Building. I really like how simple the building aspect of the game is. You chop some weeds for “wood”, slap on some grass/clover and you have a basic base. What I REALLY love is the blueprint feature. Before you actually craft, a blueprint can be placed without using your resources. That way, you can technically build a draft of your base and make changes without spending resources. Also, if you don’t have all of the resources, you can still apply it to the blueprint. You don’t need all of the supplies on you to begin your building endeavors. By far, one of the best features of this game.

Crafting. Crafting is also super easy and not over complicated. As you discover items, you use a science base to analyze them for new recipes. It beats having to hunt down recipes.

What Fell Short

As I mentioned, this is an early-access game. So, my opinions are solely based on what I, personally, found lacking that tarnished my enjoyment of the game in its current state. In no way am I condemning an incomplete game. I’m simply sharing why I think I lost interest so quickly in its current state with no consideration placed on what has been promised to be added.

Game Progression. I play quite a bit of 7 Days to Die which is, in my opinion, the gold standard of an early release/alpha/beta game. 7 Days has been around for years and is still comfortably sitting in the alpha phase of testing. Despite being an incomplete game, they’ve done well to keep me coming back.

The open-survival genre is simple. You’re dropped into a world, you start with nothing, and you have to slowly gather/create the things you need to survive. As you level up, your stats grow and you, as the adventurer, grows stronger. Where Grounded fell short for me is the distinct lack of noticeable progression. In most games, there is some sort of leveling system which Grounded completely lacks. This bothered me. In fact, it bothered me a lot more than I thought it would if I am being perfectly honest. I played for days and it made me feel like I was working toward nothing. I quickly discovered something about myself that I did not know prior to playing Grounded. I apparently need a leveling system to get enough gaming satisfaction to keep me interested. If you’re an explorer and love to unlock different areas, I can see how the game, in this current state, would keep you interested. I am not an explorer. I like exploring in conjunction with a story line, and that is just a personal preference. No right or wrong.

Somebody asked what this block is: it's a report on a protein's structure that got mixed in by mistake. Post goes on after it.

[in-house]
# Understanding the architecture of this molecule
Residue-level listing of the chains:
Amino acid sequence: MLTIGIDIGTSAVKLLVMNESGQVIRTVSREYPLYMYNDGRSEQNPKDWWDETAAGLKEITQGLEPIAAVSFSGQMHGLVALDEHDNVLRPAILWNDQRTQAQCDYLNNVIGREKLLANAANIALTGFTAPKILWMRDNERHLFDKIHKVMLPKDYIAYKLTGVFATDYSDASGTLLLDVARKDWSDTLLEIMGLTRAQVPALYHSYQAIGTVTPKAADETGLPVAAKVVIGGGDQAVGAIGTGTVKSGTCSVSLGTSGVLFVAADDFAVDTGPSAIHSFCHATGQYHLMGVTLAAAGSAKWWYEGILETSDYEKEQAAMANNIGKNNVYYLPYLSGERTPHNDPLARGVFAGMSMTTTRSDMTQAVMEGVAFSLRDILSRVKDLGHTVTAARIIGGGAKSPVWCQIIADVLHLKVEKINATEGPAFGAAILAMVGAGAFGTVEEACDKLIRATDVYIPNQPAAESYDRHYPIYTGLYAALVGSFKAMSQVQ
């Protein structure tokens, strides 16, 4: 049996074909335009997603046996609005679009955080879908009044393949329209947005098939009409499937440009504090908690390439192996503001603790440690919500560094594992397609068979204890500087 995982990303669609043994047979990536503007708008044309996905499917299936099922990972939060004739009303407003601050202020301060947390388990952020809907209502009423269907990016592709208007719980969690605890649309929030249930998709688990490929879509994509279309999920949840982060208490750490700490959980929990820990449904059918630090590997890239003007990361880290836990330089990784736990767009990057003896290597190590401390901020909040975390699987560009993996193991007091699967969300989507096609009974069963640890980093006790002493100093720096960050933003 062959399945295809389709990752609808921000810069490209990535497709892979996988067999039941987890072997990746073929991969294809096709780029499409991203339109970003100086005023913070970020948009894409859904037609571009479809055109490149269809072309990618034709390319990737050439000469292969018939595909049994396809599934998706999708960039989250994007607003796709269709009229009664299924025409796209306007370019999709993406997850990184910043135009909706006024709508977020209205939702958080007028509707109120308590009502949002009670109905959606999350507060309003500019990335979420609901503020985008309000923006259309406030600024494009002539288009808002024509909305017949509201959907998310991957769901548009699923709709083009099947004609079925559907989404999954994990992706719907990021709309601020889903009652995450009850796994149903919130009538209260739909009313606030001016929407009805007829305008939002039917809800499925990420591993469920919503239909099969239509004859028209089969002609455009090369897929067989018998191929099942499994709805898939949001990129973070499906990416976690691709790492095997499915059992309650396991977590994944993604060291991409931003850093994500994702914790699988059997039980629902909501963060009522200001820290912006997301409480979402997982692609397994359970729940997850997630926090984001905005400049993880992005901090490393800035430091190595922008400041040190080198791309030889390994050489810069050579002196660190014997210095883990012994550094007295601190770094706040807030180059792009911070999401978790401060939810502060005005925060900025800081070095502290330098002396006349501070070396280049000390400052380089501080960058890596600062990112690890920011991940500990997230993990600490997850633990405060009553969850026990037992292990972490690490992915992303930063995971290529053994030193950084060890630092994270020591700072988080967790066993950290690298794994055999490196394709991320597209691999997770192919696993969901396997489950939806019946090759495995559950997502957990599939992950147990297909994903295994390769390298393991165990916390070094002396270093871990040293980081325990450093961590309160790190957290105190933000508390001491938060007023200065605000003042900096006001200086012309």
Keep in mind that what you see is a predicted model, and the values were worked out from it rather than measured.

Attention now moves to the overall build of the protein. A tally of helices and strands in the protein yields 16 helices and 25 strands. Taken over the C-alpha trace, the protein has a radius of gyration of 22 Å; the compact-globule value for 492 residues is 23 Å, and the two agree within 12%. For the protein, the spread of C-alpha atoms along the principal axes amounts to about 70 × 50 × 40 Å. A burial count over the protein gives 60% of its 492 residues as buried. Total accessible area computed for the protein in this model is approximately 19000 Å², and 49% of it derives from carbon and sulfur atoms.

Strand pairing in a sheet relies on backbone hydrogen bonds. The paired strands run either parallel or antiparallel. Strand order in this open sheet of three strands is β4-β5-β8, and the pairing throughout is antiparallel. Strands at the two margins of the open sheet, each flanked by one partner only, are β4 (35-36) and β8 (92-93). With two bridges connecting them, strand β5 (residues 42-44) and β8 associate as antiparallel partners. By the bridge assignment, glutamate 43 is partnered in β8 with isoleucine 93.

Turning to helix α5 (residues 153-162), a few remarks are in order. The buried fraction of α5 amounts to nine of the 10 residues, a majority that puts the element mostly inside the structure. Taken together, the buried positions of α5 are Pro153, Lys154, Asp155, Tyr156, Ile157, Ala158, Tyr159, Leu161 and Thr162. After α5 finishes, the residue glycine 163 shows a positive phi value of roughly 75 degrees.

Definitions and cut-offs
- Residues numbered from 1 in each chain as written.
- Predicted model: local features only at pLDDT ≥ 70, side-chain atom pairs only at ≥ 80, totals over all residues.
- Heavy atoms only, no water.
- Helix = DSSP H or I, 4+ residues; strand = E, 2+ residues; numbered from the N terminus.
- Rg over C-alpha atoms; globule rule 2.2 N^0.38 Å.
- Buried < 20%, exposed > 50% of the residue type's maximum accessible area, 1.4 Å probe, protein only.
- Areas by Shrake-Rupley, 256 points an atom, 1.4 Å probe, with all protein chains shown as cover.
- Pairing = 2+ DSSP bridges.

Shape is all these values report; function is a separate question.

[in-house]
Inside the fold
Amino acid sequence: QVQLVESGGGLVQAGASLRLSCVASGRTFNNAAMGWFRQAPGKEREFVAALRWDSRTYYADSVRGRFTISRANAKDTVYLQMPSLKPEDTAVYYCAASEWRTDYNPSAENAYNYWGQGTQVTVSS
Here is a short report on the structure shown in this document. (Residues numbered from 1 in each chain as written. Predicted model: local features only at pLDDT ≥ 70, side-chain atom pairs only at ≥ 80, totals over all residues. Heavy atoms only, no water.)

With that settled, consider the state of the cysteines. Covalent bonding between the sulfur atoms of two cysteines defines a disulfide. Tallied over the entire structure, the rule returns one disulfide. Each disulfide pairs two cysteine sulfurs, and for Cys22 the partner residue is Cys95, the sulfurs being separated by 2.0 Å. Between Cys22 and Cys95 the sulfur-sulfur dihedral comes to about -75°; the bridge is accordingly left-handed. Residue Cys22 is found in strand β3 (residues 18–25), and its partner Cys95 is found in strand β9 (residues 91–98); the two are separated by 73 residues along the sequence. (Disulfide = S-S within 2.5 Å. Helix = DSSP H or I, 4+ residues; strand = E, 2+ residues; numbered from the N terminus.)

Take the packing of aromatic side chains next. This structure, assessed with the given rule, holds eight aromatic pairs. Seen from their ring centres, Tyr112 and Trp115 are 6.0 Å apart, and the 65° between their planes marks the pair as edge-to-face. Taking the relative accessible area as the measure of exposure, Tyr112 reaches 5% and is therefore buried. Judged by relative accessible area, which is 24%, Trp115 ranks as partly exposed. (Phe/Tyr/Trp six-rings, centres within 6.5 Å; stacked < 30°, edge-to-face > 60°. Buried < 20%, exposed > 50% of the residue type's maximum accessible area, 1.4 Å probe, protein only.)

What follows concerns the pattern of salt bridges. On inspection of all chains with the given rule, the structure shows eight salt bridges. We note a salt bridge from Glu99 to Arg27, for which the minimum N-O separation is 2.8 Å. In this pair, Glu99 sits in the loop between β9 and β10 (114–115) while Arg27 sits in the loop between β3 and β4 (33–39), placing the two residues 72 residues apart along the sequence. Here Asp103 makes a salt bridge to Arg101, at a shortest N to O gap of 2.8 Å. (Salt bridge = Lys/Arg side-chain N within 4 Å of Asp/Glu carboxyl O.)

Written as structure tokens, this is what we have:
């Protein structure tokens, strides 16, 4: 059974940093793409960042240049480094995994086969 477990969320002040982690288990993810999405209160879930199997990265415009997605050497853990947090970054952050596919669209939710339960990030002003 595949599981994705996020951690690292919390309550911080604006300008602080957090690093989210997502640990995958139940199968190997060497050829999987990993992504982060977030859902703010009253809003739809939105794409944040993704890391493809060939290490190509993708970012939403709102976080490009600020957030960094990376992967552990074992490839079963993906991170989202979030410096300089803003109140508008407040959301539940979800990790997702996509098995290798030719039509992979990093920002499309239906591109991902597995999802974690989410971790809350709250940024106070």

The Story Mode was INSANELY short. I think it took me less than a couple hours to complete what story mode they had available. Again, before you start gathering the pitchforks and torches, I understand it is in early access, but if I am being perfectly honest, it wasn’t enough to charge $29.99 on Steam for. I do think some of you will be very disappointed. That being said, that price does afford you all future updates through final release, but be aware that you might be met with initial disappointment. Once you finish the initial story content, you do get a message that content will be added as the game develops. Who knows how often or how soon that will be.

Inventory Management. The lack of good inventory management can make or break a game for me. Unfortunately, Grounded has a lack of the basic inventory management features that other games in the genre have. Specifically, I could not figure out how I could easily move stacks of items from my inventory to my storage without drag and dropping. In most games in the genre, you have a keyboard + mouse shortcut that will deposit stacks of items into your storage. I couldn’t find that in Grounded. There is also a lack of sorting. If you’ve figured these things out, leave a comment below and educate me, because I was struggling. Again, I try not to compare it to other games, but honestly, that is hard. It would be like playing a first-person shooter and “R” isn’t the default reload. There is a reason the unspoken standard exists. Some people appreciate being different. When it comes to standard gaming controls, I do not!